Defending Istanbul Convention without Singularizing Women’s Stories
According to We Will Stop Femicide Platform’s records, 235 women have been murdered by strangers, partners, or relatives in Turkey in just 2020. This number is increasing every day, which speaks volumes about the urgency of the issue of femicide in the country. The high number of femicides also reflects the issue of impunity, in which the state fails to take steps to protect the victims or survivors and instead sides with the perpetrators. In most of the cases, the state and its legal system do not believe women’s testimonies, refuse to provide proper protection to them, and/or give reduced sentences to the perpetrators.
The Istanbul Convention is one of the regulations that attempts to address the issue of legal impunity in femicide cases. It is a human rights treaty designed by the Council of Europe to address domestic violence and violence against women. The convention was opened for signature in Istanbul in 2011, and Turkey was the first country to sign and ratify it. The convention urges its signatories to protect women against domestic violence, including by taking into account the multi-layered racial, ethnic, sexual, and religious differences that comprise and exacerbate women’s vulnerability. The Turkish government is now trying to withdraw from the Istanbul Convention, arguing that there are two items in the treaty that go against traditional Turkish family values: First, the convention defines gender as a socially constructed category with roles and behaviors imposed by society for women and men, and secondly, it recognizes sexual orientation and gender identity as essential categories to consider in the implementation of the convention.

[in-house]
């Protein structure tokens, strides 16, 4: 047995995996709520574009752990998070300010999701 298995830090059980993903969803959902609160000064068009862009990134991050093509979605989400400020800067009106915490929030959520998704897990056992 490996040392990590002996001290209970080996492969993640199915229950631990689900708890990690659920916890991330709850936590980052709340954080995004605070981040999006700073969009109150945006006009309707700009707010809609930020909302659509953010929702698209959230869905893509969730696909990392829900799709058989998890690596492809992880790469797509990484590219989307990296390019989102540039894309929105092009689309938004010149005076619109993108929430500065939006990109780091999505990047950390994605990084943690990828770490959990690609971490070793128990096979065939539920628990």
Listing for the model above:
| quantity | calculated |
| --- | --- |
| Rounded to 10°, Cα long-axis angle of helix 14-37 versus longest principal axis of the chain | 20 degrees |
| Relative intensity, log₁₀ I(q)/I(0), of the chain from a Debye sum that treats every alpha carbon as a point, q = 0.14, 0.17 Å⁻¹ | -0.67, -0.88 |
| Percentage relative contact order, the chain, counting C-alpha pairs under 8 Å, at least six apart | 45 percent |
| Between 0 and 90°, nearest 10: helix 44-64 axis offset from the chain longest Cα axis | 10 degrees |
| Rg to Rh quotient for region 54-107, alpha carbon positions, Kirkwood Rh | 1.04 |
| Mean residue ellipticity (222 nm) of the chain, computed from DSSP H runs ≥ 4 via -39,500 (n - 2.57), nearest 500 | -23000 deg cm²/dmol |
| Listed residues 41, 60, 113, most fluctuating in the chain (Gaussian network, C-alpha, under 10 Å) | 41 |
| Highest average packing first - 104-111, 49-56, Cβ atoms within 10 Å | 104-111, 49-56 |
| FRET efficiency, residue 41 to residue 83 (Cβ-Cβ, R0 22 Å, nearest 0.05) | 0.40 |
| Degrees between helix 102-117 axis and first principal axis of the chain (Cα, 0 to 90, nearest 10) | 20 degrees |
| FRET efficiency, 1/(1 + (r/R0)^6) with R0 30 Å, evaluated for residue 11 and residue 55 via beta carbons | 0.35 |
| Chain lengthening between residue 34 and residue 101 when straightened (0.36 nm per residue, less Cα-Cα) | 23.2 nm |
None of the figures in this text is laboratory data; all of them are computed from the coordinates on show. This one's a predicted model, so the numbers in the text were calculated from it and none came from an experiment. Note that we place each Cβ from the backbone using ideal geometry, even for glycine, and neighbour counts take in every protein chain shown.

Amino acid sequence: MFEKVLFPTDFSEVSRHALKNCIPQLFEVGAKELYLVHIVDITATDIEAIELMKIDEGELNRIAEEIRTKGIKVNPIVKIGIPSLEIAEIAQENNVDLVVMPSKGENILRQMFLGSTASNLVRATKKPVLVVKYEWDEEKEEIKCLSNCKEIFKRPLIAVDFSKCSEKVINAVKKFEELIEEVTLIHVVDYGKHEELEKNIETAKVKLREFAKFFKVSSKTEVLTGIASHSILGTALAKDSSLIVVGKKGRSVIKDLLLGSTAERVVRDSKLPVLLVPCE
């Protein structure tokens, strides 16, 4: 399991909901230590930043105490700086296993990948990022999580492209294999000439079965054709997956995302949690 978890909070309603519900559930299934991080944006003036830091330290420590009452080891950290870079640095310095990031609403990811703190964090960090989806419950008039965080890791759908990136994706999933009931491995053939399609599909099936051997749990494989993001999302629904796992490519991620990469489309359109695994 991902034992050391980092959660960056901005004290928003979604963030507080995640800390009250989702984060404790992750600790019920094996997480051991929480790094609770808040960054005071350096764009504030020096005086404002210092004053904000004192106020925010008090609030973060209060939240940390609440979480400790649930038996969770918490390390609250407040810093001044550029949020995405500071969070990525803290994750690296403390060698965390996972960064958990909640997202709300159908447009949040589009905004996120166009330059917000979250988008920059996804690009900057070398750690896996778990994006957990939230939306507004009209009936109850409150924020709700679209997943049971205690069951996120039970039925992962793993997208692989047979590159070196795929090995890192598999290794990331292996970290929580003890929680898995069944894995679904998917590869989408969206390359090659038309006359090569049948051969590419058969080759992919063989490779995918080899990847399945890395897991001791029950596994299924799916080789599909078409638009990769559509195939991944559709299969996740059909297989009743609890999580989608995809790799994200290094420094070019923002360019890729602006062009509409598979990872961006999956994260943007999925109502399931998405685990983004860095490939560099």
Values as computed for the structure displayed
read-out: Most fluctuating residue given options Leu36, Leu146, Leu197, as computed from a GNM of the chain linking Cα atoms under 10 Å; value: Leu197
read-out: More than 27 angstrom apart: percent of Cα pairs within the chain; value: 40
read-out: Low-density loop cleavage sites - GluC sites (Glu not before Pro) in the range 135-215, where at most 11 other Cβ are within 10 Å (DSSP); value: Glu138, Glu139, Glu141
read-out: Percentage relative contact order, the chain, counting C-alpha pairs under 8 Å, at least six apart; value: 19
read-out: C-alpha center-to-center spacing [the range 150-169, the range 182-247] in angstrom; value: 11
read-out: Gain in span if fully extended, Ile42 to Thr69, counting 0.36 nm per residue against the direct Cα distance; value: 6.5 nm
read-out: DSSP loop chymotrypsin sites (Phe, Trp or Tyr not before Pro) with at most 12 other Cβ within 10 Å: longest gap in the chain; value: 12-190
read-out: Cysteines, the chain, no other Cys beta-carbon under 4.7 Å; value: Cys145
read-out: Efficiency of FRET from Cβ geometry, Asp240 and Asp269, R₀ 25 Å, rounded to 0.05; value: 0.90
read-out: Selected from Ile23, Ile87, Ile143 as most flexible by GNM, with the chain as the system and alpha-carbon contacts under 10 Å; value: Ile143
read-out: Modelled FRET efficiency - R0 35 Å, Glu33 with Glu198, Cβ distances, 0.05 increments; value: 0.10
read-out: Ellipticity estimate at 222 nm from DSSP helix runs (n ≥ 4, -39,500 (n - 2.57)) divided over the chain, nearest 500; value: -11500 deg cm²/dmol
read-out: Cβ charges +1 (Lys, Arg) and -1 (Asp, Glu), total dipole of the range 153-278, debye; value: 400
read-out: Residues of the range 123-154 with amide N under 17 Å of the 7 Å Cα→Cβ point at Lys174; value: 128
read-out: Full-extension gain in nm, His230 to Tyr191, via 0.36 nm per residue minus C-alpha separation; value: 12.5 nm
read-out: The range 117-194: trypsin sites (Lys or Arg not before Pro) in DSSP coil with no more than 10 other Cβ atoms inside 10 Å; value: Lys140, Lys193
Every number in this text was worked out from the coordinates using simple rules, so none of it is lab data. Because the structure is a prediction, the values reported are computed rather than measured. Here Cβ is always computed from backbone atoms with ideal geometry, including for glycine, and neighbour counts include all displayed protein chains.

This attack by the Turkish government has significant consequences for every woman in Turkey. It is important, however, to pay attention to women’s racialized and ethnicized experiences with violence as well. Women’s and feminist groups in Turkey, especially the Kurdish women, have long addressed the systematic erasures within the movement itself, and simultaneously developed strategies to fight against them. Today, while terms such as “Turkish women” or “Turkish feminists” are sweeping global media outlets, we once again need to remind ourselves, our feminist circles, and the international public of the long struggle to decolonize the feminist movement in Turkey.
Labelling a diverse movement composed of not only Turkish women but also Kurdish, Armenian, and Arab women, among others, as singularly “Turkish” is a form of epistemic violence. Therefore, we should insist on using terms such as “women and feminists in/from Turkey” to stress the multiplicity in the movement, which has been constructed particularly through the active advocacy of its non-Turkish members over many years. Moving beyond terminologies dictated by nation-states and nationalistic ideologies would also enable us to acknowledge the differential experiences of women based not only on ethnicity but also class, religion, and citizenship.
From this standpoint, while celebrating the mainstream recognition of our local practices of resistance, we should simultaneously feel responsible for voicing the history of decolonizing feminisms in Turkey and highlighting the many erasures in the stories being told. A social media campaign that erupted at the same time as the deliberate efforts of women’s and feminist groups in Turkey to raise awareness of femicides and the Istanbul Convention should not be depoliticized as a “feel-good,” light-hearted social media campaign, stripping it of its broader socio-political context. At the same time, we must resist the whitewashing and erasure of the multi-layered nature of women’s experiences with gender- and ethnic-based violence, as well as the Turkish state’s complicity in such violence. The question is when we are going to accept the real challenge of telling a multi-layered story that cannot be reduced to black-and-white.
Acknowledgments: We want to thank Ruken Işık, Songül Tuncalı, Öykü Tümer, and the editors of Jadaliyya for their comments on an earlier version of this piece.
 For a detailed documentation and analysis of this history, see Eren Keskin and Leman Yurtsever, Hepsi Gerçek: Devlet Kaynaklı Şiddet (Istanbul: Punto, 2006).
 For a comprehensive analysis of how colonialist discourses of “honor crimes” frame racial and ethnic difference, see Dicle Koğacıoğlu, “The Tradition Effect: Framing Honor Crimes in Turkey,” differences: A Journal of Feminist Cultural Studies 15, no.2 (2004): 118–151 and Nükhet Sirman, “Kürtlerle Dans,” Kültür ve Siyasette Feminist Yaklaşımlar, 2 (2007): 119-125.